There's a thing all of those lists of productivity habits always forget to mention.
You know, we all love to read them. Ten things all successful people do. Top eight habits of highly-productive people. Top tips for best-selling authors.
But whether we are talking about tips that give us a road map to creative or business success, or tips to live a happier life, there's one key thing all of these lists neglect to mention:
We must experiment.
We look at these lists because we feel some gap between where we are and where we want to be, and we've become convinced that the solution is finding out what works for someone else and duplicating their efforts. The thing all those successful/productive/magically shiny people have in common isn't that they all did the same thing. They found what worked best for them.
Perhaps you've heard the story about the young woman and the ham.
The story goes like this: A young woman was preparing a ham for a holiday dinner, and as she had always seen her mother do, she cut off the end of the ham before putting it in the oven. A friend observing her do this asked why she had cut off the end, and it made her pause; she didn't know. It was just what she had always seen her mother do. So, she asked her mother... why do we cut off the end of the ham? Her mother thought about this for a bit before realizing that she didn't know why it was done, just that she had always seen her mother do it that way. Curiosity getting the best of her, she telephoned her mother and asked. The grandmother laughed and replied that when she first married, they had a tiny oven; without slicing the end off of the ham, it wouldn't fit.
How much time do we waste on doing things simply because it's how they've always been done?
If we believe that part of the creative process is about making something new and effecting change, we must stop doing things the way they've always been done and begin to experiment.
For a long time, I tried to force myself to do "morning pages" and thought there was something wrong with my writing process when that felt uncomfortable. Writing first thing in the day works best for many people. But if I want to write what I need to write -- what the world needs me to write -- I need to find my own process instead of trying to slice of the end of the ham and fit my writing into a pattern, just because it worked for another writer. Maybe you write best in a coffee shop; maybe you need to be at home. Maybe inspiration hits you most often at night and working in the morning feels like drudgery. While there is something to be said for pushing and challenging ourselves, the key is that we experiment -- we get curious -- instead of trying merely to do what worked best for someone else.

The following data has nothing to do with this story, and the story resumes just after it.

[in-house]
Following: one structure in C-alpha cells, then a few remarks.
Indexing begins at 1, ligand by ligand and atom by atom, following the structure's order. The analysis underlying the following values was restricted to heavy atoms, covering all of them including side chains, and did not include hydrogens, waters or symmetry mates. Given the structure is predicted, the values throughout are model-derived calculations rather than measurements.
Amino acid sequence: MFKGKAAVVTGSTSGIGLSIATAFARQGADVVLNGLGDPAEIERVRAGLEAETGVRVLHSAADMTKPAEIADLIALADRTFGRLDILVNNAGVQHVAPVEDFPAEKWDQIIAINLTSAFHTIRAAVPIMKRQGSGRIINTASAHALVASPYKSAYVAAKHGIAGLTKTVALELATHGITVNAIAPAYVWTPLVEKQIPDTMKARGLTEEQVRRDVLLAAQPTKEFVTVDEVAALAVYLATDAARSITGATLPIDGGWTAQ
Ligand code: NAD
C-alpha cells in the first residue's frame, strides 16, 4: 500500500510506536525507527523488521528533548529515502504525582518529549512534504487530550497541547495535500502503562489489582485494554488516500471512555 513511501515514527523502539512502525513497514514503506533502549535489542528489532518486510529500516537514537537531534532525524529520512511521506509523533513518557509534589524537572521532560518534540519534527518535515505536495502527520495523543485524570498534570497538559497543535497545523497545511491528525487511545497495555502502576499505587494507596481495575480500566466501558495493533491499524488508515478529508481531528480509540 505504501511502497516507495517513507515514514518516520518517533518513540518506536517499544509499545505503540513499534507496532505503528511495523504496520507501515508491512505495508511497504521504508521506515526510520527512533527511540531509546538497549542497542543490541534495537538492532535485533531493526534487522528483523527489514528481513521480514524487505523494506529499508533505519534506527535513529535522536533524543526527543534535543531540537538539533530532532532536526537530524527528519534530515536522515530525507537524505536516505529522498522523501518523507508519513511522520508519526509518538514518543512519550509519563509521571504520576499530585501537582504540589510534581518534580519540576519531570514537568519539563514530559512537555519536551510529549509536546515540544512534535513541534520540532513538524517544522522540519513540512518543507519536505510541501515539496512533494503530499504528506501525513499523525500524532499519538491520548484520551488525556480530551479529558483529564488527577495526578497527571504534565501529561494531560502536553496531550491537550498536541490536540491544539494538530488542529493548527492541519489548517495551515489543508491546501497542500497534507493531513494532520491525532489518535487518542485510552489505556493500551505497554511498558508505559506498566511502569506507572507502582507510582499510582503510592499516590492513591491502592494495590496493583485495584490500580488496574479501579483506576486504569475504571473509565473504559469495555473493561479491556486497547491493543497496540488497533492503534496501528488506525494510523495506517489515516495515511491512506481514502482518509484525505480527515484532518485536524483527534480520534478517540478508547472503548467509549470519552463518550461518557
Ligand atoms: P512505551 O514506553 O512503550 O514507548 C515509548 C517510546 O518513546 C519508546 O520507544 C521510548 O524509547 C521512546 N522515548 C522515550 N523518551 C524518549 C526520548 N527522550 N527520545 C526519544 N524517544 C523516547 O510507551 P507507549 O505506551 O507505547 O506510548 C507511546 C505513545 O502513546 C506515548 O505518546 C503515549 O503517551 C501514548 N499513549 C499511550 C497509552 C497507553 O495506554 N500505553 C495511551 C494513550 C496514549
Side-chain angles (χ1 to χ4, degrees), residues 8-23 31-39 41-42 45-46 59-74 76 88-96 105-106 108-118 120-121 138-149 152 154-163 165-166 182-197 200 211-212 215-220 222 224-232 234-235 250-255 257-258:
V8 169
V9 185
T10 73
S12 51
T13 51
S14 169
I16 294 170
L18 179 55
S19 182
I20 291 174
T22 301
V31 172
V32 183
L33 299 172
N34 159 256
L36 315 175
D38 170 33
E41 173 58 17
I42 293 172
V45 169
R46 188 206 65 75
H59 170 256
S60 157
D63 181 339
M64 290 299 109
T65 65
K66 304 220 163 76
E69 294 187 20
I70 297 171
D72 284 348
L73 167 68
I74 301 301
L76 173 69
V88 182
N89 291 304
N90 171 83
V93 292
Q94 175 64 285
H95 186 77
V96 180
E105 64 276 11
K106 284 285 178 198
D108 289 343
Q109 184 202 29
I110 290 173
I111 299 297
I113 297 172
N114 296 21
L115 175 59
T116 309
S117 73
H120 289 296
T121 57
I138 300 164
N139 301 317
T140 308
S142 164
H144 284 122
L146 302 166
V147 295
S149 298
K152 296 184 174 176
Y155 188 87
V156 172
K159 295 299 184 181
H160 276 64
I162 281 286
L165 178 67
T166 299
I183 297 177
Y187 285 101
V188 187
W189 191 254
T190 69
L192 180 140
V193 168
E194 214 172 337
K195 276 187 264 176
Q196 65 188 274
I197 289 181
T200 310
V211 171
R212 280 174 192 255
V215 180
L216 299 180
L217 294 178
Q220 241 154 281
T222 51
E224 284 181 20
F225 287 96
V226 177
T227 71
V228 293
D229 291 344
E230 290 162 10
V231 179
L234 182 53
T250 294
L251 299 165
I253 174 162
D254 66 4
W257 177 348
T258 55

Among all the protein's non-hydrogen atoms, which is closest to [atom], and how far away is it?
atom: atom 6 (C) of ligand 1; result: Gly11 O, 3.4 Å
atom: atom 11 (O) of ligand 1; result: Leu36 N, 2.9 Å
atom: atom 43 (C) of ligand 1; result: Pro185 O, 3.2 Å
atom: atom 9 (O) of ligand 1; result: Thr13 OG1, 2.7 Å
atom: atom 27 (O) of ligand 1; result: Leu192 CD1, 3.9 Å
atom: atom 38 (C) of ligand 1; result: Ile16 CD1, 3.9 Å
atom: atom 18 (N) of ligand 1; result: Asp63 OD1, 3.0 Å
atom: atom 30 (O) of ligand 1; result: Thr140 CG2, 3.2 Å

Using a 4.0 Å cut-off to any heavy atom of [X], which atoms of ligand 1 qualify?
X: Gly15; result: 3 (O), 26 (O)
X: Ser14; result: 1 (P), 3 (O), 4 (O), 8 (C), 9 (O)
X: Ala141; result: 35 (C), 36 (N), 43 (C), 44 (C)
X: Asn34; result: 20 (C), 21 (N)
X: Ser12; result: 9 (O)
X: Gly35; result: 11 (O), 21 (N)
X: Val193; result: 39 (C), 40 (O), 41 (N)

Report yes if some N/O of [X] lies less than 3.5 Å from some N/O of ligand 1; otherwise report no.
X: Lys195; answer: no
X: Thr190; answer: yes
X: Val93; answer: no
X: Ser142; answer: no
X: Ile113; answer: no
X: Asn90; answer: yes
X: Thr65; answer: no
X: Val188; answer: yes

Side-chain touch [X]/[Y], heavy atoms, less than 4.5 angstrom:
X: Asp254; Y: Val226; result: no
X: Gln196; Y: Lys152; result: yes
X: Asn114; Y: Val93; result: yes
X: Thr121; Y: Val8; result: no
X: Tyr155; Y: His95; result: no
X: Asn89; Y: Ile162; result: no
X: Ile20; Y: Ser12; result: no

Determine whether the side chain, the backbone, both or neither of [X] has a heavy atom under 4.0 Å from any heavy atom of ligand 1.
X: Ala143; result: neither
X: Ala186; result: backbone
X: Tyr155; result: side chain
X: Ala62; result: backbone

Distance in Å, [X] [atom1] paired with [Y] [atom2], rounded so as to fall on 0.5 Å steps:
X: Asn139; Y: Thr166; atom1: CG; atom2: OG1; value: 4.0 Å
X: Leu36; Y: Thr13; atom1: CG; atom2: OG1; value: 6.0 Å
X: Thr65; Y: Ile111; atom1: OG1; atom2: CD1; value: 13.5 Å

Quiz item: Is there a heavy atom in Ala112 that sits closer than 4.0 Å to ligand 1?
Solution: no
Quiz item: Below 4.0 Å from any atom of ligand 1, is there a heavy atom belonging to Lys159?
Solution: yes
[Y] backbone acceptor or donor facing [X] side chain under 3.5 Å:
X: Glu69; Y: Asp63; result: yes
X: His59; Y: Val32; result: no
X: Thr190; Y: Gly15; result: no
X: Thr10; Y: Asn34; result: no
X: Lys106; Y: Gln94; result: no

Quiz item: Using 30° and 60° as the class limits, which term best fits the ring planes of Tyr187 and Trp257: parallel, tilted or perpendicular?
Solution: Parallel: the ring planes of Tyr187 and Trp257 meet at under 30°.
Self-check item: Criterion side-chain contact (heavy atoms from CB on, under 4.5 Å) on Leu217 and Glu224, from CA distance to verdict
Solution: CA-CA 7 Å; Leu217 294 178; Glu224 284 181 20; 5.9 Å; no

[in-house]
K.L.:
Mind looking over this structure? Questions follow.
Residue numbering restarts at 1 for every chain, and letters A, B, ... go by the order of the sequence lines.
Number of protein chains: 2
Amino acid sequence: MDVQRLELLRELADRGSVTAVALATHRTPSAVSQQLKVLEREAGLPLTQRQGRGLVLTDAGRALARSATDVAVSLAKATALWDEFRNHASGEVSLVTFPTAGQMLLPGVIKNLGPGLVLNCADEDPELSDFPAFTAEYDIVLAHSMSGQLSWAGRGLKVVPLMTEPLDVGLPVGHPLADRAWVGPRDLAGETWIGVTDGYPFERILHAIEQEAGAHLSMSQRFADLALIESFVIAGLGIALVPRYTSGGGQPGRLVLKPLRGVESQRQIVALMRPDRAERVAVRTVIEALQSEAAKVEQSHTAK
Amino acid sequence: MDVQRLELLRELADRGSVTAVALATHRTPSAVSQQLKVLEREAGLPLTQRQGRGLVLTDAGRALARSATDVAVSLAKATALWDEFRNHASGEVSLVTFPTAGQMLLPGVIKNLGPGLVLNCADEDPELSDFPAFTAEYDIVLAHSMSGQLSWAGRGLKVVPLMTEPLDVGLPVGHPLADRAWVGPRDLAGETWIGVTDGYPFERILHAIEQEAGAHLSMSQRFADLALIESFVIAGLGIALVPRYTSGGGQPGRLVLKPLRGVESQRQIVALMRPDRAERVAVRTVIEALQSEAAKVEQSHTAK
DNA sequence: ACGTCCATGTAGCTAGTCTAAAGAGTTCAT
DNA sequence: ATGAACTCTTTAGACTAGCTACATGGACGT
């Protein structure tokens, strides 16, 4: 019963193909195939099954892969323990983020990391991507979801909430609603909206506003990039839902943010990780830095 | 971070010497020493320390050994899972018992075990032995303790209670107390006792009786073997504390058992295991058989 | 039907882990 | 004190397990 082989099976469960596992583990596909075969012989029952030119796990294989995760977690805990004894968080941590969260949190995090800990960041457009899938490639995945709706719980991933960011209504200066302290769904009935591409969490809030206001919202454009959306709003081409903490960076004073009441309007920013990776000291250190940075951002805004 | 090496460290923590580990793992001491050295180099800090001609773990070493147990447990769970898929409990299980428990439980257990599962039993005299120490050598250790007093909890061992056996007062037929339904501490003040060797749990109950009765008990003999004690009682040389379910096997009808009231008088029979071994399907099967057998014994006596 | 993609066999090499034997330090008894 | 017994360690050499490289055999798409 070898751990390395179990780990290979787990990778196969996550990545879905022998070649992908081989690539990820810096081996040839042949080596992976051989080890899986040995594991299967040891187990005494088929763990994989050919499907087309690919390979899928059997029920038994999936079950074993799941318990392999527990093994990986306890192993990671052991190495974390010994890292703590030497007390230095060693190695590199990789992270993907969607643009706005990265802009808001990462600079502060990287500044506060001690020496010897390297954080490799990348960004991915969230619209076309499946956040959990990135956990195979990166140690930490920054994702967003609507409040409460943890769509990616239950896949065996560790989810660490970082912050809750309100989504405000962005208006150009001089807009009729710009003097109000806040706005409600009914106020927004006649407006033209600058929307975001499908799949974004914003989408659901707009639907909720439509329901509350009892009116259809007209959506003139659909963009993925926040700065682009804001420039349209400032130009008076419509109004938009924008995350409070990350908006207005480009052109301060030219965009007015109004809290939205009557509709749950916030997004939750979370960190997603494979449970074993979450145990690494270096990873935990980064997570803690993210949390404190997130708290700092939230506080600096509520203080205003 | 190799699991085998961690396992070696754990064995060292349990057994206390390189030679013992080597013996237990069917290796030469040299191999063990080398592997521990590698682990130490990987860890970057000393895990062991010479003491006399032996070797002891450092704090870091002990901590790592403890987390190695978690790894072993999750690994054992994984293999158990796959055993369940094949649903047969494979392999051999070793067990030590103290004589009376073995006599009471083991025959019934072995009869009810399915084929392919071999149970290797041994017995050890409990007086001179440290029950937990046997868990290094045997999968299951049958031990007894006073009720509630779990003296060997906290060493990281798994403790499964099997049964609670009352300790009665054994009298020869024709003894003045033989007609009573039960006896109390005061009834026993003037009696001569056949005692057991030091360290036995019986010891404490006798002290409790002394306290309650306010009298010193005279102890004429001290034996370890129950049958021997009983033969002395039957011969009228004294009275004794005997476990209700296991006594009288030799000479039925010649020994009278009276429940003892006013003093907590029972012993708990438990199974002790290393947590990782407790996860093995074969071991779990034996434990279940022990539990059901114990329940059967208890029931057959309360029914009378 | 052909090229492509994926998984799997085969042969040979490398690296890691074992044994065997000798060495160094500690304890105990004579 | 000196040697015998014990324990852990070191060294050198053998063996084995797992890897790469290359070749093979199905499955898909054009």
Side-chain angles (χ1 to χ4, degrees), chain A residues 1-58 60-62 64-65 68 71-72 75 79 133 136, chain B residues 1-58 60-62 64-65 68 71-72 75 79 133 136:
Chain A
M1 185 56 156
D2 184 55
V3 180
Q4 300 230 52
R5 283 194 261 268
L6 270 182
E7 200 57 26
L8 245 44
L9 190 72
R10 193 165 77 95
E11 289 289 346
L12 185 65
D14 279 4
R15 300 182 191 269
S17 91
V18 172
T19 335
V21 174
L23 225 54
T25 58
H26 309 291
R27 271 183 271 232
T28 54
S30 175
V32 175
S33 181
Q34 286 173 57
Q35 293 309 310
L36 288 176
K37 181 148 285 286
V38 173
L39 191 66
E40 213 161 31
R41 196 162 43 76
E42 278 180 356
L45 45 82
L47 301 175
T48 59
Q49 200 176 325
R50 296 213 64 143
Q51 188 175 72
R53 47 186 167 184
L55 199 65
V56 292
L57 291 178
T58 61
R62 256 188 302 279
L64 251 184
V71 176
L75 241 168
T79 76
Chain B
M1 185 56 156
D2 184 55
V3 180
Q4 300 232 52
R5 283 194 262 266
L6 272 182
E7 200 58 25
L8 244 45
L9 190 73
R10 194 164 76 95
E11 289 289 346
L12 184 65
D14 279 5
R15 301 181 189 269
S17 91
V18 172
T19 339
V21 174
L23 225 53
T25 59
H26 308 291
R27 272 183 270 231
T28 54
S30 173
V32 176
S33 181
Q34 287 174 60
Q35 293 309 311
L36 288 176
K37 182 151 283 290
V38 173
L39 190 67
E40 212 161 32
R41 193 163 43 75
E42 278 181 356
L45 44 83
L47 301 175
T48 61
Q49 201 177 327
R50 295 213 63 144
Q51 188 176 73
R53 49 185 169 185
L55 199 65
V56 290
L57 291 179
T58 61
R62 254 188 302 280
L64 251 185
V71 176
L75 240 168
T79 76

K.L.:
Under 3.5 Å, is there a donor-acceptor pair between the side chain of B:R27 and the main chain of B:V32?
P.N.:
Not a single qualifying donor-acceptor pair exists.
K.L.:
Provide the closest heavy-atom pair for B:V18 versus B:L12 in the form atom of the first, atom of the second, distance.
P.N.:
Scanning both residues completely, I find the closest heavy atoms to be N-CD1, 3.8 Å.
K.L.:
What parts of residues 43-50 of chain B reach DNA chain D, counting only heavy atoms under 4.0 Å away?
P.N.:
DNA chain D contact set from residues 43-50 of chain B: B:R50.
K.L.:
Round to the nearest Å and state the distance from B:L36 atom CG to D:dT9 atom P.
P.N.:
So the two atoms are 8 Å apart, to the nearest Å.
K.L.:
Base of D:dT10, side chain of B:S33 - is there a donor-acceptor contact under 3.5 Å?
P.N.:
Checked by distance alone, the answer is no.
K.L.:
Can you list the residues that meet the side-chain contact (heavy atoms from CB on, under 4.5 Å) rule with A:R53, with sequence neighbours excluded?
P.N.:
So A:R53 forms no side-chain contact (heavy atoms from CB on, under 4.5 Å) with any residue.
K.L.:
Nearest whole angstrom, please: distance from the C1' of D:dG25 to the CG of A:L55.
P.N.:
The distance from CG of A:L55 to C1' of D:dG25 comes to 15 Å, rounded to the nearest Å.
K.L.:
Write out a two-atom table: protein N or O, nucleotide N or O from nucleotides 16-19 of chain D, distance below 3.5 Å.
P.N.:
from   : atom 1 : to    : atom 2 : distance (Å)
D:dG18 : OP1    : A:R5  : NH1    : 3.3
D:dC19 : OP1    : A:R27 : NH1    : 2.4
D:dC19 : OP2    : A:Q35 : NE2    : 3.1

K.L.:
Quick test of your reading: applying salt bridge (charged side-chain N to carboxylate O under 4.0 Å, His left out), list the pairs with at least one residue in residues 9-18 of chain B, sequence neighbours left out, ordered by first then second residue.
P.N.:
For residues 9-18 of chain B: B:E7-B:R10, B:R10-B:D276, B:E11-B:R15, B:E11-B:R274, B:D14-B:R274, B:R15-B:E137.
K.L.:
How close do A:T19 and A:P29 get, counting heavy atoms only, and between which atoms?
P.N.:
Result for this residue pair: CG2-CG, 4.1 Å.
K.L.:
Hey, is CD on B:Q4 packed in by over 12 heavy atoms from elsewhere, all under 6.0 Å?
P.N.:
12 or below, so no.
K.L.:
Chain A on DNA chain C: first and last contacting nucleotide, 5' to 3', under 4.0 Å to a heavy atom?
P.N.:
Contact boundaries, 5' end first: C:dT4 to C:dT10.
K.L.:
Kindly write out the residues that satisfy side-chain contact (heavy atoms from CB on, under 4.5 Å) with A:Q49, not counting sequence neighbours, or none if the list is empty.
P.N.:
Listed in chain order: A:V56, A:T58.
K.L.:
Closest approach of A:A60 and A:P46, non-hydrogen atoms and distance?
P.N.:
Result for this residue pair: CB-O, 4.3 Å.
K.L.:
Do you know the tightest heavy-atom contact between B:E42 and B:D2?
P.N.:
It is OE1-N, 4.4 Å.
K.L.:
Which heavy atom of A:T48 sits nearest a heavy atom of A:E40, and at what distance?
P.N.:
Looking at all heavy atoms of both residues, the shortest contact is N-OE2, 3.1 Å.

We know inherently that we need to take the proverbial road less travelled, to cut our own paths if we want to make a difference in the world. And yet, we fall into that trap of insanity trying the same old thing and expecting new results. Is it worth listening to and learning from others about the tools and habits they find useful? Absolutely. It ceases to be useful when we treat it as dogma and become frustrated or stifled by trying to make someone else's process our own.
As we wind down 2014 and look ahead to next year, it's a good time to take stock of where we are, how far we've come, and the tools we've used to get here.
This month, may you let go of doing what's always been done if it has ceased to serve. May you widen your eyes with curiosity instead of fear at the approaching new year. And may you look at each blank page, empty stage, clean canvas and new day as the beginning of a grand experiment.